Several models show the hurricane turning north, bringing it to the coast of the Carolinas or mid-Atlantic states on Friday or Saturday, the agency said. However, the storm's exact path remains unclear, with what the NHC called an 'excellent' prediction tool indicating it could cut a path out to sea.
'The range of possible outcomes is still large, and includes the possibility of a major hurricane landfall in the Carolinas,' it said.
The governors of New York and Connecticut and emergency-management officials in New Jersey - states all hard hit by Superstorm Sandy and already facing heavy rains unrelated to Joaquin on Wednesday - warned residents to begin preparations for a possible severe storm.
These states are on edge that Joaquin could turn into a second Sandy, as one forecasting model show the hurricane making landfall in the same area devastated in three years ago.
That new computer model, produced by the Global Forecasting System, predicts that the storm will change course to move north through the Atlantic before veering westwards and hitting the eastern seaboard. If the model is correct, the storm would hit around Monday.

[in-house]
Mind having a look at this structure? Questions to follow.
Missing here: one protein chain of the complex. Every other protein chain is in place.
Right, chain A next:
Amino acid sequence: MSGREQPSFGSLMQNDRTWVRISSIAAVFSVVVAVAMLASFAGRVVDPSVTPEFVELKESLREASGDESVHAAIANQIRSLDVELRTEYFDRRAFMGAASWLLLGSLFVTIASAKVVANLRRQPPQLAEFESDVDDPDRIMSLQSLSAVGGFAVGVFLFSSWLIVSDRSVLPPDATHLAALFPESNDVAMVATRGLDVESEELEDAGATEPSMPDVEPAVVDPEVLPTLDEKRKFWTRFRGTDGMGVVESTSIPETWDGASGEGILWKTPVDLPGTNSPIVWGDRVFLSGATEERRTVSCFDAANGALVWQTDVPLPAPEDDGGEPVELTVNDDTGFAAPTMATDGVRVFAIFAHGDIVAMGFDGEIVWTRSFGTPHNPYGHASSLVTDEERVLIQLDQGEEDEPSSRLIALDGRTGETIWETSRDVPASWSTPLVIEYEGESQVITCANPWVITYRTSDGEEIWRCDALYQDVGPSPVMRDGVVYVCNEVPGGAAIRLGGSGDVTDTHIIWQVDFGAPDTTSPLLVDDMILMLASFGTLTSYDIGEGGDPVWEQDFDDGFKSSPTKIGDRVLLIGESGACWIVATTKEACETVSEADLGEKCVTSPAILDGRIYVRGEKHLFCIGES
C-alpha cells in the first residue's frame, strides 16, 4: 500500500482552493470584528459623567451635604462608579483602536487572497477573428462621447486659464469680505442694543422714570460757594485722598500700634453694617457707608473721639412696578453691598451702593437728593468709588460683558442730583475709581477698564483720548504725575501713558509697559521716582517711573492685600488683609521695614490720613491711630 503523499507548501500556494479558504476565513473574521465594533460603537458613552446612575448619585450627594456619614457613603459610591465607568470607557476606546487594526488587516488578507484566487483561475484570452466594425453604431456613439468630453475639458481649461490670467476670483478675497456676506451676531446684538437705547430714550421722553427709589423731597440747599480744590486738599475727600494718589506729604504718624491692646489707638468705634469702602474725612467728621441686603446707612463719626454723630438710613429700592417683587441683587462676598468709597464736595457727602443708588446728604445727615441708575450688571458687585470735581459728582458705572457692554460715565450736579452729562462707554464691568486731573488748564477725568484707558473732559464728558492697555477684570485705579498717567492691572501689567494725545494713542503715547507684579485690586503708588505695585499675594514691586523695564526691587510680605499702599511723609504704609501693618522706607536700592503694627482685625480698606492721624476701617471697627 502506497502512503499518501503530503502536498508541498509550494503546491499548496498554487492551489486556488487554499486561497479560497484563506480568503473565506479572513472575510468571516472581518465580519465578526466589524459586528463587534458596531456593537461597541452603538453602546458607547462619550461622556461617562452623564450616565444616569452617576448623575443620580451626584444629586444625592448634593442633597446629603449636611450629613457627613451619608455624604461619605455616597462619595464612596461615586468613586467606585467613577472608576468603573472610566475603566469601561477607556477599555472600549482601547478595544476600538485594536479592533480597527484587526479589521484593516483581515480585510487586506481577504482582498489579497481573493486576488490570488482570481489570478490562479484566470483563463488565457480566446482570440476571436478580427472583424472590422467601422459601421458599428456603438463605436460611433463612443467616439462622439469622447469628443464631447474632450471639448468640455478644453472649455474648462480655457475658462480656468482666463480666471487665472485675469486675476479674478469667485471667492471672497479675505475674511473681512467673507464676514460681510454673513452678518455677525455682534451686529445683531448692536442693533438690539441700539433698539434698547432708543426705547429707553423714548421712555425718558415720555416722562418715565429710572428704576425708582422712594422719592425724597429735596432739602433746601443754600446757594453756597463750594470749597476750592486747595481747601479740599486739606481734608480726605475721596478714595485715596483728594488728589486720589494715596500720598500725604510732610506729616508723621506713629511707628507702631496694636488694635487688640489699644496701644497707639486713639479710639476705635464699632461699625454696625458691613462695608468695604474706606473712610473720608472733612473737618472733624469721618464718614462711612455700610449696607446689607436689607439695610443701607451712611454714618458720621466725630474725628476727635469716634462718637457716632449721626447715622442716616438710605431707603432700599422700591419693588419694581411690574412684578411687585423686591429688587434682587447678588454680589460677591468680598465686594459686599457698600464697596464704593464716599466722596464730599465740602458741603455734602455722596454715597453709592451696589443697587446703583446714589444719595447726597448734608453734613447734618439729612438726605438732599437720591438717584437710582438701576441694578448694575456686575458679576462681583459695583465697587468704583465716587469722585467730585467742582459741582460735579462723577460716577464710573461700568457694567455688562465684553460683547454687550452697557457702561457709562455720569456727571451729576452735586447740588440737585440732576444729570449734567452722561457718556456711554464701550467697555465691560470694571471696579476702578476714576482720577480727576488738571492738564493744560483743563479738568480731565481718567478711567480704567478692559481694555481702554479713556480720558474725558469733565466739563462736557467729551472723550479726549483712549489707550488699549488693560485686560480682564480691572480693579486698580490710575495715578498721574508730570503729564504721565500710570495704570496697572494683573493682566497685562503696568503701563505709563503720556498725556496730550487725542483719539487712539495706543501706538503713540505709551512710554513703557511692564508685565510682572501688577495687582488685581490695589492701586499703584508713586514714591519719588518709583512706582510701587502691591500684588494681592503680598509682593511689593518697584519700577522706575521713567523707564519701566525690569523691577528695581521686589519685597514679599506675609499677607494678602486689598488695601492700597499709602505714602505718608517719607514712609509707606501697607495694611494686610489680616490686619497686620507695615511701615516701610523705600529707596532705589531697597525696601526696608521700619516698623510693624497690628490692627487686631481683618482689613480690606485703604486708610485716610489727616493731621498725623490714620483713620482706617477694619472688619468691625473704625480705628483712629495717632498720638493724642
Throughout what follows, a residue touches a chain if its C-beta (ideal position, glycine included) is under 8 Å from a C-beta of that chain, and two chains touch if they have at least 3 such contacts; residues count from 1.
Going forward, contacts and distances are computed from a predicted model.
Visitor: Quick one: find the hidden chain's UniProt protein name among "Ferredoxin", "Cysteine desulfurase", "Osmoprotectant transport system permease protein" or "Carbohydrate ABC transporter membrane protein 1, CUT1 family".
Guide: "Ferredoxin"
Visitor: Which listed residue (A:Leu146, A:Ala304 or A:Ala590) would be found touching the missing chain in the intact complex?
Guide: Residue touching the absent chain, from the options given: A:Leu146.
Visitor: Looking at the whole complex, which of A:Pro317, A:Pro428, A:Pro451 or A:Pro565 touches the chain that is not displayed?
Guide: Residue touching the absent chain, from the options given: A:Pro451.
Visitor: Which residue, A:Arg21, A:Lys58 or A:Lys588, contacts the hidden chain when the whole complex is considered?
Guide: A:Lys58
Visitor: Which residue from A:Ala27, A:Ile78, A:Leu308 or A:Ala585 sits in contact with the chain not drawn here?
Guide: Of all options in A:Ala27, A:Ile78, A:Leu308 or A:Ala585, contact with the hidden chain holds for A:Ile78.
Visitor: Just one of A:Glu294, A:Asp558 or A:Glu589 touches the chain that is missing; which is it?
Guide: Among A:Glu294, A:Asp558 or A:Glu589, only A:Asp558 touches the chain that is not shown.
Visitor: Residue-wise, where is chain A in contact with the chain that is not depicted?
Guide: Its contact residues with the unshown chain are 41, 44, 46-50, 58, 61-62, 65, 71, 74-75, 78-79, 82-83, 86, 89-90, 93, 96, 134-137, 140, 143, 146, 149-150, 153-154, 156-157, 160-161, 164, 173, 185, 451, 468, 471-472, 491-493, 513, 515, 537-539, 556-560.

'Our state has seen the damage that extreme weather can cause time and time again,' said New York Governor Andrew Cuomo. 'Take precautions for more heavy storms in the coming days.'
One weather model shows Hurrican Joaquin swining out to sea at some point over the weekend, above
Hurricane Joaquin could then possibly make landfall in New Jersey and New York City on Monday, by hooking back towards the tri-state area
Meanwhile, steady rain drenched much of the East Coast on Wednesday, flooding roads, closing schools and forcing some people from their homes. And forecasters say the worst is yet to come.
The rainstorms will likely soon be joined by Hurricane Joaquin in a powerful weather system that could linger for days and dump as much as 10 inches through early next week in some places.
The deluge has the potential to saturate the ground so heavily that trees topple onto power lines even without heavy winds.